“I know it’s not much, Moira, but I wanted to show you that I support your work on this production. Obviously, I also hoped we’d have an evening of champagne and strawberries, but I guess that will have to wait for another day.”
Moira continued to look around the room in silence, not meeting her husbands eyes. Finally she murmured, “John, can you help slip these trousers off my legs and over my ankle.” Moira had already taken off her vest, necklace, hat, and shoes in the car to assess the damage done to them by the mud and water. With only her leather pants, white button down, and her wet, wavy hair she seemed smaller and more vulnerable than Johnny was accustomed to seeing.
Johnny gingerly slipped his hands under Moira’s shirt and grabbed the waistband of her leggings. She wrapped her arms around his neck to lift herself slightly off the bed while her husband undressed her. Johnny gently pulled the tight pants from Moira’s pale legs. The rain had made the already clingy fabric even harder to remove. When he reached her ankle, Johnny carefully pulled the pant leg over Moira’s swollen joint, moving at a tenderly slow pace. As he discarded her pants on the floor, Johnny looked up and met his wife’s eyes. She was gazing at him with more warmth and affection than he had seen in weeks. He reflexively smiled and sighed, relinquishing the stress of the day’s events.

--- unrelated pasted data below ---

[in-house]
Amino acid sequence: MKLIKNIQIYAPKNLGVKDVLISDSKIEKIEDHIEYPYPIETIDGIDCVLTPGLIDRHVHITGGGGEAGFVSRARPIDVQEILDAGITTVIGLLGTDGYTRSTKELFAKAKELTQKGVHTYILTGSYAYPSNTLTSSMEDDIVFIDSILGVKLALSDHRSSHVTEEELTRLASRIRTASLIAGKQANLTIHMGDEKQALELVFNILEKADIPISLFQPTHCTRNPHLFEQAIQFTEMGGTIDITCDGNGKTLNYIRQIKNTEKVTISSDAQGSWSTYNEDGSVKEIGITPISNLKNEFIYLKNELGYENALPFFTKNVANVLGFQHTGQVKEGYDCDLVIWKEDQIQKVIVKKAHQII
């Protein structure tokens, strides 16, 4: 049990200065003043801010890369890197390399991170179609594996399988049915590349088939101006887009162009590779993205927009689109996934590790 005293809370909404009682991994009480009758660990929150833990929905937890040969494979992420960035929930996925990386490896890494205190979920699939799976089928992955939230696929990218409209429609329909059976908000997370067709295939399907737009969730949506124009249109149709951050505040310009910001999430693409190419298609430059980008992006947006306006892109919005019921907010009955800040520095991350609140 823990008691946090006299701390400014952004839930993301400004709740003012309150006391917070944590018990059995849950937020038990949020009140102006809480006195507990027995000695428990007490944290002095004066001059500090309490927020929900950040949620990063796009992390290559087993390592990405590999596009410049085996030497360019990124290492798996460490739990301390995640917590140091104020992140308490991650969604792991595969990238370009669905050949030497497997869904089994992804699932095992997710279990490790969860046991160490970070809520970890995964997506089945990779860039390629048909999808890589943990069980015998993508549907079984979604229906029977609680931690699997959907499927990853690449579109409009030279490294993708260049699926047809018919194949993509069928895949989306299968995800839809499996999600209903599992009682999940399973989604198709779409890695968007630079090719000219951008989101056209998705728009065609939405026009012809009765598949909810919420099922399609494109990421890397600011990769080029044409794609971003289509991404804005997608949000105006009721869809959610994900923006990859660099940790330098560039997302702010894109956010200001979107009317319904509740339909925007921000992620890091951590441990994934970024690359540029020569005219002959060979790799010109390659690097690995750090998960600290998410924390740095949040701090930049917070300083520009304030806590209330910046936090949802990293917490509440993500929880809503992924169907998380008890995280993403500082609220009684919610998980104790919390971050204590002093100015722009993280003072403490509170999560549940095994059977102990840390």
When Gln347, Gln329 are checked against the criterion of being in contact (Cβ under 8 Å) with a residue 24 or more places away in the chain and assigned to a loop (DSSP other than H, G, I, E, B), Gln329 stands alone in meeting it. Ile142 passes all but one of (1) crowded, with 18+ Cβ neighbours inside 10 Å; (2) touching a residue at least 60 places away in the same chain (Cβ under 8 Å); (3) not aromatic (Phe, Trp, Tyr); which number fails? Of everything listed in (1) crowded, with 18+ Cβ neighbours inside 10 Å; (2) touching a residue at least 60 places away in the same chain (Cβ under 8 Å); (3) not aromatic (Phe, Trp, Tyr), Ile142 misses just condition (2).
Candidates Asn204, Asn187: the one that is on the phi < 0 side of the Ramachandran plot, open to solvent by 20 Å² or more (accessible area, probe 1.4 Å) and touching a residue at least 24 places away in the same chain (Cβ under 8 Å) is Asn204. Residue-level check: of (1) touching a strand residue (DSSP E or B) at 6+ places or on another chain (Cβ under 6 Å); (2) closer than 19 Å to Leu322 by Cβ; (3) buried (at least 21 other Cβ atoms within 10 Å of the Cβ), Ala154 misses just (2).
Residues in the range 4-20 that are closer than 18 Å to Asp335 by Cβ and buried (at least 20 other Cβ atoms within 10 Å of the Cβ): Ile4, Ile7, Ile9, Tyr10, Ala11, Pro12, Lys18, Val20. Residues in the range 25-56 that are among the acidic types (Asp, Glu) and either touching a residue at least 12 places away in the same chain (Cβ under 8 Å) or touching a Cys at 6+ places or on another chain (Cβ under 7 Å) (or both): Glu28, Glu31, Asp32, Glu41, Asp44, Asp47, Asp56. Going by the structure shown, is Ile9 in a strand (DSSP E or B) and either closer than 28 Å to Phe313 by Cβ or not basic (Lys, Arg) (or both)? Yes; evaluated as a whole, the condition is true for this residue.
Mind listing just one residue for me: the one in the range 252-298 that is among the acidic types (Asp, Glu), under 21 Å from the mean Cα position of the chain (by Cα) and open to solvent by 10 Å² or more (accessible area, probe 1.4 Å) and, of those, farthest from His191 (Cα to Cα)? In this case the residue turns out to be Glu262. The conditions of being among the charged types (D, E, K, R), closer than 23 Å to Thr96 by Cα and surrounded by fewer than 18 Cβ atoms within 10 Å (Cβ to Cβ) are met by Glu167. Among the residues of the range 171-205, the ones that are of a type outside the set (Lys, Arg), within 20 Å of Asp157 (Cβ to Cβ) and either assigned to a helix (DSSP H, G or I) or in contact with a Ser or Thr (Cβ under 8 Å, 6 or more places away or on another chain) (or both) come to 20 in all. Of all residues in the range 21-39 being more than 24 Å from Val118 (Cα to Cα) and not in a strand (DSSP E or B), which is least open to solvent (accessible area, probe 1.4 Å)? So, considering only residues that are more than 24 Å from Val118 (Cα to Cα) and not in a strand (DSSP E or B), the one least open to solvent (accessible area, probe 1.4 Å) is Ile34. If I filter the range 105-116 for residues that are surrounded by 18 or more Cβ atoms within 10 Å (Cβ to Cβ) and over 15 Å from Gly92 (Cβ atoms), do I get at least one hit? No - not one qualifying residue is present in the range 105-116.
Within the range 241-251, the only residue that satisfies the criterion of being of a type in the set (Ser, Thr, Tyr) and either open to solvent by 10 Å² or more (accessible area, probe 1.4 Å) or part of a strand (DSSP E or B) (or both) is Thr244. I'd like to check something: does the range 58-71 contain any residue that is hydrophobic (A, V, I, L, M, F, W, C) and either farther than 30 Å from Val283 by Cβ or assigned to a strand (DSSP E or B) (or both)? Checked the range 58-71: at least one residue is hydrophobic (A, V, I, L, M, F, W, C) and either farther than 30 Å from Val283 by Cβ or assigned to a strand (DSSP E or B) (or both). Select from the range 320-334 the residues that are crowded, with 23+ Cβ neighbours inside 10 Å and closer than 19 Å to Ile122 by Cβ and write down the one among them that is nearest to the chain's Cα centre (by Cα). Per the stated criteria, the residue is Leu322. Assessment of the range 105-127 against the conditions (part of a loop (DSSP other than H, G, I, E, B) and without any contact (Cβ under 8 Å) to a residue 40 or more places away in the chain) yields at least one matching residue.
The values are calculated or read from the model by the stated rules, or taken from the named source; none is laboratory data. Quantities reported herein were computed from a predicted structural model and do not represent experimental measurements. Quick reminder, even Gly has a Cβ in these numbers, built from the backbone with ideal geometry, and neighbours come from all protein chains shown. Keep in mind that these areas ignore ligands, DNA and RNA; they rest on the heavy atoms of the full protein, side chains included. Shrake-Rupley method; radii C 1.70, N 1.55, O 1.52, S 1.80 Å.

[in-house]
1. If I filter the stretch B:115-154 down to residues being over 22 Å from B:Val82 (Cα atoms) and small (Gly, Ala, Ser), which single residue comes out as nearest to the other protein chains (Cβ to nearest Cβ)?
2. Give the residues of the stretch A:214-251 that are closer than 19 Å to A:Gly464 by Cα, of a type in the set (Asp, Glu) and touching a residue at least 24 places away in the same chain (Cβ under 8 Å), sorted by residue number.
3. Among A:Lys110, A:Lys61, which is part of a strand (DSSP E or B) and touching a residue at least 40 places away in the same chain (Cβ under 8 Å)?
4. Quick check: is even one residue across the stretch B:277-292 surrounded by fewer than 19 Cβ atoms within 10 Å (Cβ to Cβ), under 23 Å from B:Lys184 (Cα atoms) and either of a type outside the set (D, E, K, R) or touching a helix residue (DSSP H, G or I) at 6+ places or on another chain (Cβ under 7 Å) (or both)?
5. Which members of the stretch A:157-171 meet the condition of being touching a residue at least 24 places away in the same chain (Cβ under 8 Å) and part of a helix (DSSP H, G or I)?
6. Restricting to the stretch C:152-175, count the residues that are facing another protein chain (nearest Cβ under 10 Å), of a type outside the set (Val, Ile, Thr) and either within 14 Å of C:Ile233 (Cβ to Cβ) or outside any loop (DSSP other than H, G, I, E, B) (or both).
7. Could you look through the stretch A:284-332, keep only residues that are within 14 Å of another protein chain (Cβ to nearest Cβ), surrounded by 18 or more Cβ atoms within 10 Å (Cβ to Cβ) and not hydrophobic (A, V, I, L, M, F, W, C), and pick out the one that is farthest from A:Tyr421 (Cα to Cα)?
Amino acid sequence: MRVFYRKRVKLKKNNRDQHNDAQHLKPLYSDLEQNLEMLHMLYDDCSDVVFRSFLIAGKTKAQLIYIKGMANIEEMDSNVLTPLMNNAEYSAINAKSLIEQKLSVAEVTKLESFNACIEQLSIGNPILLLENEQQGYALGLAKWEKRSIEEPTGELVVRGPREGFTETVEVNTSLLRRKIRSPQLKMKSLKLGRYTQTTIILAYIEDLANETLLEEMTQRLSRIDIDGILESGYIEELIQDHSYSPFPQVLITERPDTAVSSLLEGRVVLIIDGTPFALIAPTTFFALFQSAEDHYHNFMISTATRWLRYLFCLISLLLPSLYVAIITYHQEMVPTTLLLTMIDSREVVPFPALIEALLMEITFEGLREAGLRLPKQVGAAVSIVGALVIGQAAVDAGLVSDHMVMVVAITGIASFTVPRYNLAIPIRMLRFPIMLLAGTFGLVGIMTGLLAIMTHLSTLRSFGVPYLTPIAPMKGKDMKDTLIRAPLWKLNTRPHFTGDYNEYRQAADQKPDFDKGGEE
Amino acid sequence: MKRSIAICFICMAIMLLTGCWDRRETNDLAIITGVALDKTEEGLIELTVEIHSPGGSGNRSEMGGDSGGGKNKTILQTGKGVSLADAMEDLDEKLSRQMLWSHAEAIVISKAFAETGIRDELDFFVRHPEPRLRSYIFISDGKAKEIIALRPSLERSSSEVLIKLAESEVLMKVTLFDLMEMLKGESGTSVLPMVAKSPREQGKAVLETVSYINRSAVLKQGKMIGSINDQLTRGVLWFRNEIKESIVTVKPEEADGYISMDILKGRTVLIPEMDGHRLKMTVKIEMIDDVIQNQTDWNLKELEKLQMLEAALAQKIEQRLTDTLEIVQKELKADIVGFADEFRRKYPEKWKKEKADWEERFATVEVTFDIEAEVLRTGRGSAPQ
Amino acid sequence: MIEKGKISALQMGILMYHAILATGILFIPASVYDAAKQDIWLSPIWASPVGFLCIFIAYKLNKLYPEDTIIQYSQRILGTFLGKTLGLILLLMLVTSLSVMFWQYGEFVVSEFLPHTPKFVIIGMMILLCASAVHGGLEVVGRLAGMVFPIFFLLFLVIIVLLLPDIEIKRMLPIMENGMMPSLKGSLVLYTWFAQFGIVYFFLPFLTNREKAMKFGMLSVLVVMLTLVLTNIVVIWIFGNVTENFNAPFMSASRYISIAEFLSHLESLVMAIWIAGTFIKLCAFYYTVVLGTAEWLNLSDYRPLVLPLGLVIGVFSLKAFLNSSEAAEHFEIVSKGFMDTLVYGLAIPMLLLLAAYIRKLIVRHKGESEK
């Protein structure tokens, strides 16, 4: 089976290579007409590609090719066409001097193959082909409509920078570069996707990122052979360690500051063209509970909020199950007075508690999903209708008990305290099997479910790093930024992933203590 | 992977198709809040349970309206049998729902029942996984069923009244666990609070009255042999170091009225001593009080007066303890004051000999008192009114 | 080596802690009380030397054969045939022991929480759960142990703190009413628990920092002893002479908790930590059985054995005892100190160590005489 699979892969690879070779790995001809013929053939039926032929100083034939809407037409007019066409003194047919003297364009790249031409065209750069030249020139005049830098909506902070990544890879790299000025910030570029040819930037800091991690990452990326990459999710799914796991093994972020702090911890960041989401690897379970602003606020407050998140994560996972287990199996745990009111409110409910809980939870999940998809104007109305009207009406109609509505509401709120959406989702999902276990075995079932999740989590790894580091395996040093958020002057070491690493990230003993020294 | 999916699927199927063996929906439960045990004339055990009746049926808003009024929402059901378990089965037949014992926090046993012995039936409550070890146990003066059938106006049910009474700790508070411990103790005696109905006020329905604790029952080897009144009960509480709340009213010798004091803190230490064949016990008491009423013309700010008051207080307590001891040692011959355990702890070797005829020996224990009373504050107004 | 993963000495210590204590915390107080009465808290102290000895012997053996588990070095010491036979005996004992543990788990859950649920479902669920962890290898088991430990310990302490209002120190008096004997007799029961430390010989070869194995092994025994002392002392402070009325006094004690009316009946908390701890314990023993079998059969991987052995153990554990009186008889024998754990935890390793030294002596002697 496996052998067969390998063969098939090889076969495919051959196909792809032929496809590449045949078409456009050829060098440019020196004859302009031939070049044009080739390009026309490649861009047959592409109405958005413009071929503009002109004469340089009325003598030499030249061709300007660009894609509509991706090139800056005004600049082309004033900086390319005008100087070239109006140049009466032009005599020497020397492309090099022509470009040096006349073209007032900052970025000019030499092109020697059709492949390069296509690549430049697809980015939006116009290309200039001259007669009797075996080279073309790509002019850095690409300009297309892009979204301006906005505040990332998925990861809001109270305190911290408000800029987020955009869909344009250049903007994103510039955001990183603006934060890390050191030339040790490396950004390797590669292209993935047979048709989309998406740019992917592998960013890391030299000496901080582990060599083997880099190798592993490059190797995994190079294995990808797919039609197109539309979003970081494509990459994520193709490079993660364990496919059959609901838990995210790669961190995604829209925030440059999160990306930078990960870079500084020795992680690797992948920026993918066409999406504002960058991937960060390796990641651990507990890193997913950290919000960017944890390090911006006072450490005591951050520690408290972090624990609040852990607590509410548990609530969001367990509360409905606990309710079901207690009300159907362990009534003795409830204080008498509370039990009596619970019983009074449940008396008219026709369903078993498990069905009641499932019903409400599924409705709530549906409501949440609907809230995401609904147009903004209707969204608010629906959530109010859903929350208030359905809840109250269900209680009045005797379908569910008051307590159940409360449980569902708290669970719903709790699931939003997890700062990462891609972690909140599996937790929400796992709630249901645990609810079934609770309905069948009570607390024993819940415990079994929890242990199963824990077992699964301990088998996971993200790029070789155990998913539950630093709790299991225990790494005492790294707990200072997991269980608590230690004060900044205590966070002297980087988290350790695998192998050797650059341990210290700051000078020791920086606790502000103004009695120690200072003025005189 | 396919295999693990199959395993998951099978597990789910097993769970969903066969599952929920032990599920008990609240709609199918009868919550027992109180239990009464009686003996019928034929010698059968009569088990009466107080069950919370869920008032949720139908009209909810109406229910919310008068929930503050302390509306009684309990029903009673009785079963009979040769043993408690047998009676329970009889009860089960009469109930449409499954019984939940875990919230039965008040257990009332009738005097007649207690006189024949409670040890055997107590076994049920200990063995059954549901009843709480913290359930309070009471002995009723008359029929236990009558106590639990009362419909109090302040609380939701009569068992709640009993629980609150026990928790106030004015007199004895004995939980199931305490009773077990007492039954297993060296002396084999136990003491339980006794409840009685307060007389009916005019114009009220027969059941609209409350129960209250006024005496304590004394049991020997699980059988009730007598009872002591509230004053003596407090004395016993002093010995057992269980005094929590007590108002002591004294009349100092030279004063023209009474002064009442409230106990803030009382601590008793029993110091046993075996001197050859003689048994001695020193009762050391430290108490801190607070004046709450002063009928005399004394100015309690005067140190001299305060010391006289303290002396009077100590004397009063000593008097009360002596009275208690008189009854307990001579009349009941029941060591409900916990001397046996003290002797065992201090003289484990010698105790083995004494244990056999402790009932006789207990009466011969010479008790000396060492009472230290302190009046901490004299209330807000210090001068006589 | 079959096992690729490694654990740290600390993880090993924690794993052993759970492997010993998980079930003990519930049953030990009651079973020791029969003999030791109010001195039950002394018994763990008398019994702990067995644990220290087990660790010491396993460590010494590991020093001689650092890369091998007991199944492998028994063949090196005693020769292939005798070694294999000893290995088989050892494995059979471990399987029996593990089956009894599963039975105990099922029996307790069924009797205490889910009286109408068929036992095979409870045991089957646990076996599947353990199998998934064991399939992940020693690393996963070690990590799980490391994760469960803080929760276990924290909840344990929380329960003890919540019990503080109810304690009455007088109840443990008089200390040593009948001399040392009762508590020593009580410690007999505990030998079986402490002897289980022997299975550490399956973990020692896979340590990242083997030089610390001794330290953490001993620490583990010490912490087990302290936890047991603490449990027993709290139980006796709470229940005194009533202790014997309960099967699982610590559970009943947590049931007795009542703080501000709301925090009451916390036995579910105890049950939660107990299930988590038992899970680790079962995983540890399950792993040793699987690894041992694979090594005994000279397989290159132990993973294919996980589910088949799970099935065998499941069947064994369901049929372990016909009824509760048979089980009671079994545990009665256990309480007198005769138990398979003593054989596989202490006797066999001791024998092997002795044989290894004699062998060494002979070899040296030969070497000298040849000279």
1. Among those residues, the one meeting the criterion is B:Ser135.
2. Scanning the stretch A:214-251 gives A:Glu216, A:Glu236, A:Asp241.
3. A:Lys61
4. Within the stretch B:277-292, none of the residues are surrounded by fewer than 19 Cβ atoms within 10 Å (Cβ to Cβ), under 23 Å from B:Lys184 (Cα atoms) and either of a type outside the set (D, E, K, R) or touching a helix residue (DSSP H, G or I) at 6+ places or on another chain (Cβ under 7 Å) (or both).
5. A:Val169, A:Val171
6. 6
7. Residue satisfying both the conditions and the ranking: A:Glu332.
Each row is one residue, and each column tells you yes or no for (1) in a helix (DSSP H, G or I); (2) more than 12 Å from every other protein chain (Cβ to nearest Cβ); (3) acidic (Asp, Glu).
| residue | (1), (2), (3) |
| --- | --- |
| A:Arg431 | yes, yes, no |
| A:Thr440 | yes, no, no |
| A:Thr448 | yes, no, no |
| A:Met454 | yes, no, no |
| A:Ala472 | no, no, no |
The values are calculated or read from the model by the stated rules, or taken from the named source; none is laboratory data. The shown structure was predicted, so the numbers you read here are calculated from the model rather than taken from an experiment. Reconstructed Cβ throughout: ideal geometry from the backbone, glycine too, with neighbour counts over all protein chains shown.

“John, can you help me unbutton this blouse.” Moira cooed.
“Moira I thought you said your hands were fine. Did you hurt your wrists, too?”
“My wrists are fine, John. It’s just that perhaps I’ve been a tad overly independent recently and I’ve been reminded what a great partner I have in my sweet husband. And right now I’d like to request your assistance in undressing me.”
John saw that the tenderness in her expression had slightly rearranged itself into a mischievous grin. Without saying anything else he reached up and slowly begin to unbutton Moira’s blouse. When he reached the button just below her bra, Moira wrapped her hand around the back of Johnny’s neck and pulled his head slowly towards her. She placed her mouth on his and slowly parted her lips, drawing him into a deep kiss. After a few moments, Johnny pulled away to catch his breath and noticed that Moira had finished unbuttoning her shirt and had already started work on his.
“Moira, are you sure this is a good idea given your ankle, sweetheart.”
“I’ll be fine, darling. Especially after a glass or two of bubbly to numb the pain. Why don’t you open a bottle?”
Johnny leaned in to give Moira a sweet and lingering kiss before crawling off the bed. As he opened the first bottle of champagne, he thought to himself how it wasn’t so terrible to be occasionally lonely. Moira was always worth waiting for.